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Cover your flank as a new SaaS CMO

Get a solid tactical plan running ASAP so you have the freedom to build strategy.

Congratulations on the new post as CMO. You need to start immediately to prove to your CEO that he/she made the right decision to hire you, or before long, you’ll be looking for a new job. While the first 100 days has always been an important phase for new CMOs, now it’s crucial to establish success as you are onboarding. (For a deep dive on succeeding in your first 100 days as a marketing leader, download our free playbook here.)

So much for the good news.

The bad news is that it’s unlikely your predecessor left because everything was going so well, and it’s likely that there is a revenue generation or brand/product/positioning issue, or all of these at the same time.

In my observations of many CMOs over more than 20 years, there is a divide between those who focus on strategy and brand and those who lean toward the quotidian business of lead generation and sales support; few seem able to do both.

Which kind of marketing leader are you?

I wrote a blog on this divide (and you can read it here), but this blog’s about a different but related dichotomy: CMOs who come into a company where revenues are stalled and either dig in and fix the stuff that’s broken (whatever that may be) and those who seem hell bent on repositioning a brand as their first high-impact project, and to the exclusion of almost everything else.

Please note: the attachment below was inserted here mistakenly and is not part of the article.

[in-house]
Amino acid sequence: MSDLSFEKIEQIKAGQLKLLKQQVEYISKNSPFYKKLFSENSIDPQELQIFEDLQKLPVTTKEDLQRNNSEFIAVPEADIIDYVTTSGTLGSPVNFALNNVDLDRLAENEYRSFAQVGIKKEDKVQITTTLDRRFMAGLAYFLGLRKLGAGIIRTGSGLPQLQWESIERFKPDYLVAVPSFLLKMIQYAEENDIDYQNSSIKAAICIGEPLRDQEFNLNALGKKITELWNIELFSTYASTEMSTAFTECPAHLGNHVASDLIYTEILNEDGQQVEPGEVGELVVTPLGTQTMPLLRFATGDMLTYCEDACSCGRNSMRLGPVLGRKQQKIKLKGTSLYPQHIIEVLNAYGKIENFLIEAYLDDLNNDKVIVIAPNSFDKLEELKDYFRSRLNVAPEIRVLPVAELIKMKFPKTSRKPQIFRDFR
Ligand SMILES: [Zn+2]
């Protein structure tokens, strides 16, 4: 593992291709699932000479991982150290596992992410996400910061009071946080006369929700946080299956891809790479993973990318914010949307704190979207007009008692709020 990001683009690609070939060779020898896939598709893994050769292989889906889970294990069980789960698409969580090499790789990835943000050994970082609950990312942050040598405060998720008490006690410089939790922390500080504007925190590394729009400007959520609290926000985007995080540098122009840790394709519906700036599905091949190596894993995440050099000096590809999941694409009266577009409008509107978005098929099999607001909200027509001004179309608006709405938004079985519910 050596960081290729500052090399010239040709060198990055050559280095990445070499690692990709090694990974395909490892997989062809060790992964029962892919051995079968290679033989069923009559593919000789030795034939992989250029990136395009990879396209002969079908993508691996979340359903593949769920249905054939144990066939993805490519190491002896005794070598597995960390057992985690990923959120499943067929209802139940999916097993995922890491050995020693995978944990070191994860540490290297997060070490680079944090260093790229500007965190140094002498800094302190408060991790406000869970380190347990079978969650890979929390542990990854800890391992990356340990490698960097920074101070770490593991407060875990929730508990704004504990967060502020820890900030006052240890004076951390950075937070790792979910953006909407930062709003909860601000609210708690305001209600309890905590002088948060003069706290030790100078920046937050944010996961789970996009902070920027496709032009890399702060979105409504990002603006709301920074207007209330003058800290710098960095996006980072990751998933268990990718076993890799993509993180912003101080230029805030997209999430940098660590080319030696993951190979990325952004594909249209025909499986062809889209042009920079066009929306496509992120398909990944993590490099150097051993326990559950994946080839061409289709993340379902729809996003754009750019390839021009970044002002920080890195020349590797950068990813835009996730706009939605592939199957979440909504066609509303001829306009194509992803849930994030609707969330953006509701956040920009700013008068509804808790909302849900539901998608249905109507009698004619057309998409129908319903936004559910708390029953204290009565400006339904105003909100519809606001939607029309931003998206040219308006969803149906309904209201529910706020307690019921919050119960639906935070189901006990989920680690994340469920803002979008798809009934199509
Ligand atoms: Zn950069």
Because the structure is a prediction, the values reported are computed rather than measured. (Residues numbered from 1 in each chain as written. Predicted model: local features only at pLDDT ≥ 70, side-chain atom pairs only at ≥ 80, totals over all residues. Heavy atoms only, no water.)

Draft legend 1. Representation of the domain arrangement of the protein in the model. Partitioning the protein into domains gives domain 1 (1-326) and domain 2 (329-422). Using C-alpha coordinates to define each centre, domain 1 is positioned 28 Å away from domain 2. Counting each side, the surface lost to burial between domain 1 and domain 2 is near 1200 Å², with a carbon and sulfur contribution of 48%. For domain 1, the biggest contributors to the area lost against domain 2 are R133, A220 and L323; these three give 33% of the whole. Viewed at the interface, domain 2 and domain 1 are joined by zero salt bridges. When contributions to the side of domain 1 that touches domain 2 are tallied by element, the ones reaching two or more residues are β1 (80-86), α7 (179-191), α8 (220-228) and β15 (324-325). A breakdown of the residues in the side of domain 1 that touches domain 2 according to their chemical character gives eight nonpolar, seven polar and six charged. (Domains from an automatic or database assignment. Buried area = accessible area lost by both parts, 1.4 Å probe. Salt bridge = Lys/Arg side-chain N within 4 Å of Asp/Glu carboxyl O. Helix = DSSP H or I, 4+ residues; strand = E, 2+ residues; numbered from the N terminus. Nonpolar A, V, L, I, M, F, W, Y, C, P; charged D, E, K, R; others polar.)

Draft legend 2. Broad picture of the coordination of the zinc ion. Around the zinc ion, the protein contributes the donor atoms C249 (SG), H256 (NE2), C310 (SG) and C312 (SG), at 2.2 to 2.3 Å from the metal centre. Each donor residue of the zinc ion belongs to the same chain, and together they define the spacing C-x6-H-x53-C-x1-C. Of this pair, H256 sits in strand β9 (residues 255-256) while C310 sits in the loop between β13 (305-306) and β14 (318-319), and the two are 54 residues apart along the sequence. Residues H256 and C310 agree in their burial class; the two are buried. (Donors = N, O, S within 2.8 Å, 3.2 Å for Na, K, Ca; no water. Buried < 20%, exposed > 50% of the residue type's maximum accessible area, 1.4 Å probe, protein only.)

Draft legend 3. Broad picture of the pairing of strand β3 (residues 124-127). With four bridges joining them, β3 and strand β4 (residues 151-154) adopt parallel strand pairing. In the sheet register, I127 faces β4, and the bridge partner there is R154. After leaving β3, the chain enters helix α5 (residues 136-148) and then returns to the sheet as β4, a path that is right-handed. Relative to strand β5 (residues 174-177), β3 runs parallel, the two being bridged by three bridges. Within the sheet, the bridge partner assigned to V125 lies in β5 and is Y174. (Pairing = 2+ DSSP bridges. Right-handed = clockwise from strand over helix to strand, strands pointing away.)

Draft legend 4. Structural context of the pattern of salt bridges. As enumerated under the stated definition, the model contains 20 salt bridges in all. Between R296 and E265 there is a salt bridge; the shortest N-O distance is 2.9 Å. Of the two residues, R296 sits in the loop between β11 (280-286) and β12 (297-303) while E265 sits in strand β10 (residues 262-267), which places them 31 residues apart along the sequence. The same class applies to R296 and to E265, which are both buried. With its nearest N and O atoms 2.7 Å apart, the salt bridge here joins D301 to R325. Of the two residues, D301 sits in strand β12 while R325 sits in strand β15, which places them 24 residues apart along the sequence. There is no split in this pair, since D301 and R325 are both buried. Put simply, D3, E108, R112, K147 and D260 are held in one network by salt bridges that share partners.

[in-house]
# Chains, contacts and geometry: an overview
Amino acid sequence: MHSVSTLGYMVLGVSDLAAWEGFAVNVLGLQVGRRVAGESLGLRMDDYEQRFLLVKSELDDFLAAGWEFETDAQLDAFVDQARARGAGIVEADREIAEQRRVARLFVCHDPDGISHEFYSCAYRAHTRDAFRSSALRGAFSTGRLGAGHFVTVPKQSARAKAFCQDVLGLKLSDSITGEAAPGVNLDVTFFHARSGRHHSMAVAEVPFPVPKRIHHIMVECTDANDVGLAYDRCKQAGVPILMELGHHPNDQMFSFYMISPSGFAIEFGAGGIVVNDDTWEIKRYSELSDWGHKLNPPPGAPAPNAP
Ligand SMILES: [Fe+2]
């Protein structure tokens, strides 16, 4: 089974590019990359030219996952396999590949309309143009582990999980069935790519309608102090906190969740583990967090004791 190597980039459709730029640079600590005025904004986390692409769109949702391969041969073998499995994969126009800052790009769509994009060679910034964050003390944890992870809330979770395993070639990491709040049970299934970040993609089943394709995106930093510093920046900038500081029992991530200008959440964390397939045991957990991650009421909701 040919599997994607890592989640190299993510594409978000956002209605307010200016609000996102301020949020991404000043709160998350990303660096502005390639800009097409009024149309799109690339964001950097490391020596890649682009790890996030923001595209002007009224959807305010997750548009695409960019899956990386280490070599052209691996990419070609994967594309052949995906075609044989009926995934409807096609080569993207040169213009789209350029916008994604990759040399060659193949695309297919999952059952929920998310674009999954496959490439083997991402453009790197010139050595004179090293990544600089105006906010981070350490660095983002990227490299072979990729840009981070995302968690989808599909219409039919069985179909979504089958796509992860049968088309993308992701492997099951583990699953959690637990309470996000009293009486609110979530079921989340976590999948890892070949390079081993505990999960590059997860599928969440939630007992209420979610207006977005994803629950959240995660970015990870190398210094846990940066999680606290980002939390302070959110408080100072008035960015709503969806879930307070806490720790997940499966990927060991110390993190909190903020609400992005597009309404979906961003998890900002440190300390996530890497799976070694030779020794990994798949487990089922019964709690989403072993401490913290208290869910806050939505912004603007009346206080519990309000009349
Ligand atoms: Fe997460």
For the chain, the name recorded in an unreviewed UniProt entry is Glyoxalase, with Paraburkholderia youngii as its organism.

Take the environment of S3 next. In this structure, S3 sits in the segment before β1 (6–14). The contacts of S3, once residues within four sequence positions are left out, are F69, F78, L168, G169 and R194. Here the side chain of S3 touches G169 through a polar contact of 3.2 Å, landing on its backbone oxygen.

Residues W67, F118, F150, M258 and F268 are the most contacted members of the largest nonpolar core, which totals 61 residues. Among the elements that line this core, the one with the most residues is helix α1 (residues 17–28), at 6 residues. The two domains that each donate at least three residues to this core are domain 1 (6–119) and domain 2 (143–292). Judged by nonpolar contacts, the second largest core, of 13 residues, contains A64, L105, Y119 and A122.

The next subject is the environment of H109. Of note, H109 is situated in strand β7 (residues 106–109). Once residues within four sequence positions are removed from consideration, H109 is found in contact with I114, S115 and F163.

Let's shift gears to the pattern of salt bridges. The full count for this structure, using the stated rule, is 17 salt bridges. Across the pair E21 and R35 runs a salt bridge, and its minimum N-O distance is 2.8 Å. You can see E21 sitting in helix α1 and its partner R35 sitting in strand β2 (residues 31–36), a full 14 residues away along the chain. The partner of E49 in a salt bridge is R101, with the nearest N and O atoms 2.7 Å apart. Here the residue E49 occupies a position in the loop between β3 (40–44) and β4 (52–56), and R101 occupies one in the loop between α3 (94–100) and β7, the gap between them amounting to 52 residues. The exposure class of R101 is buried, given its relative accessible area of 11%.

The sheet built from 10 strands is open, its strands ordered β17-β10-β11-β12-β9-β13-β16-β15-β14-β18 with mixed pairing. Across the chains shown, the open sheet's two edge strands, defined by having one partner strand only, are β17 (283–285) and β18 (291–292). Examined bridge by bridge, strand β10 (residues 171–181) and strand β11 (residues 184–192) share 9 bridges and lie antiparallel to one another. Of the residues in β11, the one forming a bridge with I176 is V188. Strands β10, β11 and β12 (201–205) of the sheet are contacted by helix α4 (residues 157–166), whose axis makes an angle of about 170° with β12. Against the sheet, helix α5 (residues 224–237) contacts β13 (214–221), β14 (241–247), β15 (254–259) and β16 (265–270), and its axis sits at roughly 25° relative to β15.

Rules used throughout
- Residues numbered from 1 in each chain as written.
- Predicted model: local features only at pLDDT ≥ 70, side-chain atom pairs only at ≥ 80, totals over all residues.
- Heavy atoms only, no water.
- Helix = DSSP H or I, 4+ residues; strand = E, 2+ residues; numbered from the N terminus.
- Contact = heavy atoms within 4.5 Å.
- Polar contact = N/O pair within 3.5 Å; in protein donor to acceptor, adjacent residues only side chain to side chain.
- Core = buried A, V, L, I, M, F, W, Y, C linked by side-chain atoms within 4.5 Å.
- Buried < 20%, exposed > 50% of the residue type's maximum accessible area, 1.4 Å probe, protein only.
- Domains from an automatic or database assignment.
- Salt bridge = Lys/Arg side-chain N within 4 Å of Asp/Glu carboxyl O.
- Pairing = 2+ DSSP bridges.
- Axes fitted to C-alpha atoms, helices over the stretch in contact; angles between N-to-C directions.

Don’t get me wrong. I am a big believer in the power of brand and thought leadership to propel marketplace change. In fact, I’ve built my fair share of such programs for clients here at Austin Lawrence Group. And there are definitely companies out there that have the current situation well in hand but need to clear a position for themselves to extend their reach to new buyers, command a price premium and accelerate growth.

For the vast majority of SaaS CMOs, the situation is likely a combination of two competing imperatives to address immediate revenue growth and sales support, while building and executing a strategy for a brand that lacks positioning that can drive success to the next level. And this blog is for you.